With the notable exception of Saudi Arabia, Gulf States will make do with diminished American power: some are too small to stand in the way of a resurgent Iran – but they also have a fragile social fabric and, in the cases of Kuwait and Bahrain, restless Shi’a communities whose grievances Iran could stir. Oman has always gotten along with Iran. Qatar, with all its misgivings about Iran and its support for the Muslim Brotherhood in Syria, will never align itself to Saudi Arabia. The Emirates too, have their cloth cut for a middle course – too many Iranian expatriates live and do business in Dubai; the country’s infrastructure is too exposed to Iranian retaliations; the smaller emirates are acting too independently; and America is beyond the horizon. Abu Dhabi has already dispatched its foreign minister, in an unprecedented move, to visit Iran. Their way of telling America they do not trust it on Iran is to embrace the enemy – since friends in Washington have made it clear they won’t come to the rescue.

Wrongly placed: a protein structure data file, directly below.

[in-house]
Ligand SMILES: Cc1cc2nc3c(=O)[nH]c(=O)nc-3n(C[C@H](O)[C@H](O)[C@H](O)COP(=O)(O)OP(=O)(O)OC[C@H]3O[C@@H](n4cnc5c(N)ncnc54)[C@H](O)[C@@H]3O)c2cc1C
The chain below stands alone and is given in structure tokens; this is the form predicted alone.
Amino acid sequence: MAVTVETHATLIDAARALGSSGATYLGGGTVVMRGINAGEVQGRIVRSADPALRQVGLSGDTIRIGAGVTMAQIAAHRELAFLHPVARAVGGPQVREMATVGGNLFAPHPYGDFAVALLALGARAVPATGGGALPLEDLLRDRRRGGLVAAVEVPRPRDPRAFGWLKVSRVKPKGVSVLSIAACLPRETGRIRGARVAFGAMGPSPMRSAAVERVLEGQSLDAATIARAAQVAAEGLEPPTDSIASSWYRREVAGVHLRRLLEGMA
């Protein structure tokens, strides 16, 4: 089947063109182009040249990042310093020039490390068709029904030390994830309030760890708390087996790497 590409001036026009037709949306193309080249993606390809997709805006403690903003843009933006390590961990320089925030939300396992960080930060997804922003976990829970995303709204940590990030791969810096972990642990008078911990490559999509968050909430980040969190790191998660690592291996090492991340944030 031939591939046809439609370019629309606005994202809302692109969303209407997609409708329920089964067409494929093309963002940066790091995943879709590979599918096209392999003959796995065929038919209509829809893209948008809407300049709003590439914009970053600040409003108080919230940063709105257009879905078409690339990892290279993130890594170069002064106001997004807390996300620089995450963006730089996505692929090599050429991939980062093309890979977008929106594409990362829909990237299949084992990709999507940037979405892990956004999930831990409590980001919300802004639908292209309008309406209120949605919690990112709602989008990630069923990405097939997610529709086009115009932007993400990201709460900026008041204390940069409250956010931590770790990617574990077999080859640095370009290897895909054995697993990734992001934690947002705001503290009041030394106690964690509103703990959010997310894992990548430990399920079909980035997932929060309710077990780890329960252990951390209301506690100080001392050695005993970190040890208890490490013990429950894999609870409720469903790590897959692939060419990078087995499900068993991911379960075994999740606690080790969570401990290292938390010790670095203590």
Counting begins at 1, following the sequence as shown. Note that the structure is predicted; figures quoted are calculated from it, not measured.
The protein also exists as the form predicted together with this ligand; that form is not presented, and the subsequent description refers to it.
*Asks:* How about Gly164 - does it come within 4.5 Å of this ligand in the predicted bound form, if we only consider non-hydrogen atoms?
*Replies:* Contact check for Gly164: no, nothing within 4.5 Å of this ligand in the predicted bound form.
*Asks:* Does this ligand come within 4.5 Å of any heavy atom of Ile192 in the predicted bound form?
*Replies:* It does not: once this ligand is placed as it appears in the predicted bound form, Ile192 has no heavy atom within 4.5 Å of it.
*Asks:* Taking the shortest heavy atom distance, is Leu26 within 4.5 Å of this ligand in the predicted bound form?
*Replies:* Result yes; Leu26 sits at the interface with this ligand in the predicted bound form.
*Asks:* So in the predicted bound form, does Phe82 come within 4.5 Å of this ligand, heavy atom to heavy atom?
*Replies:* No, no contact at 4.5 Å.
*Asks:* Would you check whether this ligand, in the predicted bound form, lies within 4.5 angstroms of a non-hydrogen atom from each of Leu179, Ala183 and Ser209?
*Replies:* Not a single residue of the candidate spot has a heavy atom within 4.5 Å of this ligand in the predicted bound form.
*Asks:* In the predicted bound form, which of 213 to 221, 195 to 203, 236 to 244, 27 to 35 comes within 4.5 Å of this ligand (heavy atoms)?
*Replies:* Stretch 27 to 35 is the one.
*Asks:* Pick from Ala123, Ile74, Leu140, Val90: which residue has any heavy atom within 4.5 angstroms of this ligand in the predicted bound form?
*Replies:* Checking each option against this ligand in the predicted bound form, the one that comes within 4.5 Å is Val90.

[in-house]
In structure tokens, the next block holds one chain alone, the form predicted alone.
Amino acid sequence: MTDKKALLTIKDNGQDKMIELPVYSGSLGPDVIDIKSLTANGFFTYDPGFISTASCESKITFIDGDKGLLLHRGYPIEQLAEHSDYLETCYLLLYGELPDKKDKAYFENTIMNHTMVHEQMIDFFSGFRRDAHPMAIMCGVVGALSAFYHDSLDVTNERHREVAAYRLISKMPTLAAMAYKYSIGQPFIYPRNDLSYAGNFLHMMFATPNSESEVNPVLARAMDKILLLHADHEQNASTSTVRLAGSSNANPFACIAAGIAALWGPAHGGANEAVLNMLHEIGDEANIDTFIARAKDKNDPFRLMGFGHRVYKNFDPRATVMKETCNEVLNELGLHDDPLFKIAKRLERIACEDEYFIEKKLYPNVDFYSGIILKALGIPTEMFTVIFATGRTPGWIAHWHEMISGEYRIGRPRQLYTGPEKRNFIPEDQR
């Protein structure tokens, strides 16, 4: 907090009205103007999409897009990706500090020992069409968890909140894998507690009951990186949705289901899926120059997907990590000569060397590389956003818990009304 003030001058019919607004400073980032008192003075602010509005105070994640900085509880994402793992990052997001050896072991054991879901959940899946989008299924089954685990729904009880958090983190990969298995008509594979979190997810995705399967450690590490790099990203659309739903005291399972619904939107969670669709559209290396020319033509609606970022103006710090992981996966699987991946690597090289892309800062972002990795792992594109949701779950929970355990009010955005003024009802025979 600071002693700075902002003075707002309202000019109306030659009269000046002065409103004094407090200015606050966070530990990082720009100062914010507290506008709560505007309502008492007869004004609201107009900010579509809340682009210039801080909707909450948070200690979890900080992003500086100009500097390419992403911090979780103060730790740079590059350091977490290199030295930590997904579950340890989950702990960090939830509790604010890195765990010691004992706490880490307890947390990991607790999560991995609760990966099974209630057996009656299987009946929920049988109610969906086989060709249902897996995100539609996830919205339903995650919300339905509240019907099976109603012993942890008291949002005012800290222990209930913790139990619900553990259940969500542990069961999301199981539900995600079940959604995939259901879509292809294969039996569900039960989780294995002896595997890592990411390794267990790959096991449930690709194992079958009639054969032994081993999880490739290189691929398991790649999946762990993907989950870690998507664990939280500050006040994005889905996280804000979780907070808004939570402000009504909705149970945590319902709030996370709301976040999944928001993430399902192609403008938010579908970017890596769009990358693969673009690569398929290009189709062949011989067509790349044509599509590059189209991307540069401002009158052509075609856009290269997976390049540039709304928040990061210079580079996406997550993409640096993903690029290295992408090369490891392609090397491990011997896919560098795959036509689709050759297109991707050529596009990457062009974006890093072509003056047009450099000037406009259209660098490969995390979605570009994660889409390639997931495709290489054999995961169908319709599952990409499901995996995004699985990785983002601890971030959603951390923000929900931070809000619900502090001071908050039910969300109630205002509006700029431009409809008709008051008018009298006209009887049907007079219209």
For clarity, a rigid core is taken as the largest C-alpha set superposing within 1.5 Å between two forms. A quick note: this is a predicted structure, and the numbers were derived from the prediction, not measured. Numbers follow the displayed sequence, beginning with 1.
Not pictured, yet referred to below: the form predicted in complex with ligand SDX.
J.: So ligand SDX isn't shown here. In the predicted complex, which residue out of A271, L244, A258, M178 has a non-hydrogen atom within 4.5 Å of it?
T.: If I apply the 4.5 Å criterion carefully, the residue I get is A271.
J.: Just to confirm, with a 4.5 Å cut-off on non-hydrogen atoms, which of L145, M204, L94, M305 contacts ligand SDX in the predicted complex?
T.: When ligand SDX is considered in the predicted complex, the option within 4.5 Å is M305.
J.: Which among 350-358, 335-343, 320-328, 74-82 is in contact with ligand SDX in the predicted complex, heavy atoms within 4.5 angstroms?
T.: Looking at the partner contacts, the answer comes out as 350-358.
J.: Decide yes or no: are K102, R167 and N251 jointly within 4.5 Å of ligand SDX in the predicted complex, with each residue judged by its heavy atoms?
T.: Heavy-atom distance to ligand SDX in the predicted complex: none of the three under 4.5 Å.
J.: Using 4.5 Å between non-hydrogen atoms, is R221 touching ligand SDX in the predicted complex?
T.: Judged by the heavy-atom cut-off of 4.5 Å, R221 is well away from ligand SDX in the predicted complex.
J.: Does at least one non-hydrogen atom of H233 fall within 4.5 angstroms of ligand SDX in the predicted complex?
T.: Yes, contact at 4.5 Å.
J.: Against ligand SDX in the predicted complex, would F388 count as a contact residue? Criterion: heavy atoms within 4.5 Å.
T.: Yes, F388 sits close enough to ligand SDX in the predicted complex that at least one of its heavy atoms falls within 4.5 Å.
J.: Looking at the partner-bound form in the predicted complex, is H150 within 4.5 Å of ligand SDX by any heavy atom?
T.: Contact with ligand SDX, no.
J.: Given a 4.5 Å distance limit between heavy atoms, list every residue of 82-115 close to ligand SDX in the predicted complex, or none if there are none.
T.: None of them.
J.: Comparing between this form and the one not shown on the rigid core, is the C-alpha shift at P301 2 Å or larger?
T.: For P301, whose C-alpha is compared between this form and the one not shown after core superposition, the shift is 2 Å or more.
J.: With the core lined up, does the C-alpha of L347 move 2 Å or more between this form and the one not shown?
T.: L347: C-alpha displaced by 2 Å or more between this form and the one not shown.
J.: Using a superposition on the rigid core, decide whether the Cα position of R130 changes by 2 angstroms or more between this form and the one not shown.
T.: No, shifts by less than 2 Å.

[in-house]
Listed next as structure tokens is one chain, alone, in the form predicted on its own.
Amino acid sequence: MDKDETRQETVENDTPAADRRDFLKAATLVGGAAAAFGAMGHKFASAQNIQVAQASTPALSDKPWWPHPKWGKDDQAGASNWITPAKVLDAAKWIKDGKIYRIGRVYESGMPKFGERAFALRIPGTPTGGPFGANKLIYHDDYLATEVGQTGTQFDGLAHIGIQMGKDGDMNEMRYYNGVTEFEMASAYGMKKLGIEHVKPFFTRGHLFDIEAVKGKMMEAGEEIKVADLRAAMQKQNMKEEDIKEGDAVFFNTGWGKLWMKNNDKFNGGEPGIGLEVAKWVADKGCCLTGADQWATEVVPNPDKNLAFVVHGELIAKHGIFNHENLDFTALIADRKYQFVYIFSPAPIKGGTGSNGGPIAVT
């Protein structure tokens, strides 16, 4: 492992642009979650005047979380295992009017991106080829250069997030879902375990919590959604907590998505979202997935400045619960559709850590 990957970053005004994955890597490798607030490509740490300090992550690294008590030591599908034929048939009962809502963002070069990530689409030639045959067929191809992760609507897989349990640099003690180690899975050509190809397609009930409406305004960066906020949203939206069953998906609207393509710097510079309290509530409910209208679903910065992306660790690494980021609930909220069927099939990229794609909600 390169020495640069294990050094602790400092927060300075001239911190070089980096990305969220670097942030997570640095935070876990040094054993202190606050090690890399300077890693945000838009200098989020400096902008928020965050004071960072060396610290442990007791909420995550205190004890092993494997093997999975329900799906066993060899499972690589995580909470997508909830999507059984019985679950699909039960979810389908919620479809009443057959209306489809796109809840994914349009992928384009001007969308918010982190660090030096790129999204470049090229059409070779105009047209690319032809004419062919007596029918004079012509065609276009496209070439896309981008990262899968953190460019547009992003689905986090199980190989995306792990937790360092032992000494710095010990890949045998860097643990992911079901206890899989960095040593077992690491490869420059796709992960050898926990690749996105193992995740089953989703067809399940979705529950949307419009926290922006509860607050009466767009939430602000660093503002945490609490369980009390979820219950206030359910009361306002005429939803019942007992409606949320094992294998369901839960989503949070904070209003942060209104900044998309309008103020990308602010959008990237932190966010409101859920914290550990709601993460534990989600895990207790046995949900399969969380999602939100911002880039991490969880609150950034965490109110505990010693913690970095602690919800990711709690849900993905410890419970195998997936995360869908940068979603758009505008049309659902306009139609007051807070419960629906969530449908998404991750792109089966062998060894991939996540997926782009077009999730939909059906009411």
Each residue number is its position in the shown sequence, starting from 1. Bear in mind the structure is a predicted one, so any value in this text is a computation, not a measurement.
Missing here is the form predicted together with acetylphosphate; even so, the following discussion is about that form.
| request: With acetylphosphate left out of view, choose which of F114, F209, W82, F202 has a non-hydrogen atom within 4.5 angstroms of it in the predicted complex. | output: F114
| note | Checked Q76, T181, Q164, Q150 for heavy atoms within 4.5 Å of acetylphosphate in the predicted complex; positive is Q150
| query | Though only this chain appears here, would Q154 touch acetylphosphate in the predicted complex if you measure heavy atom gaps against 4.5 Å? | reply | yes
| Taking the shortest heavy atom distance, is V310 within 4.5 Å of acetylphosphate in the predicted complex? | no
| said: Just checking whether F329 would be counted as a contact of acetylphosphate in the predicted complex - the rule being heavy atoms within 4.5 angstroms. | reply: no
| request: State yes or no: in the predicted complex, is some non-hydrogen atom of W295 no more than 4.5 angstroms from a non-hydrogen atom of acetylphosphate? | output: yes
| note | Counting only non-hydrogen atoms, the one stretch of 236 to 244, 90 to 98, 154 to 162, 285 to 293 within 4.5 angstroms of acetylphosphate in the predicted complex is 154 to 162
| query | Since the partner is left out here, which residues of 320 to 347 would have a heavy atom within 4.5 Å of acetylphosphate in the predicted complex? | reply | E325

For Saudi Arabia, it is different (and Bahrain, for all intents and purposes, has ceased to have an independent foreign policy). Small principalities like Kuwait and the Emirates can keep a low profile while playing on all tables, in the hope that Iran will ignore them or show magnanimity. Saudi Arabia, with its huge landmass, its incomparable wealth and influence, and its role as the birthplace of Islam and the Sunni custodian of its holiest places, can neither hide its head in the sand nor try to be inconspicuous. For the Saudis, America’s wobbliness in the region, in the wake of Iran’s rising challenge, is a threat to the stability of the kingdom and the survival of its ruling family.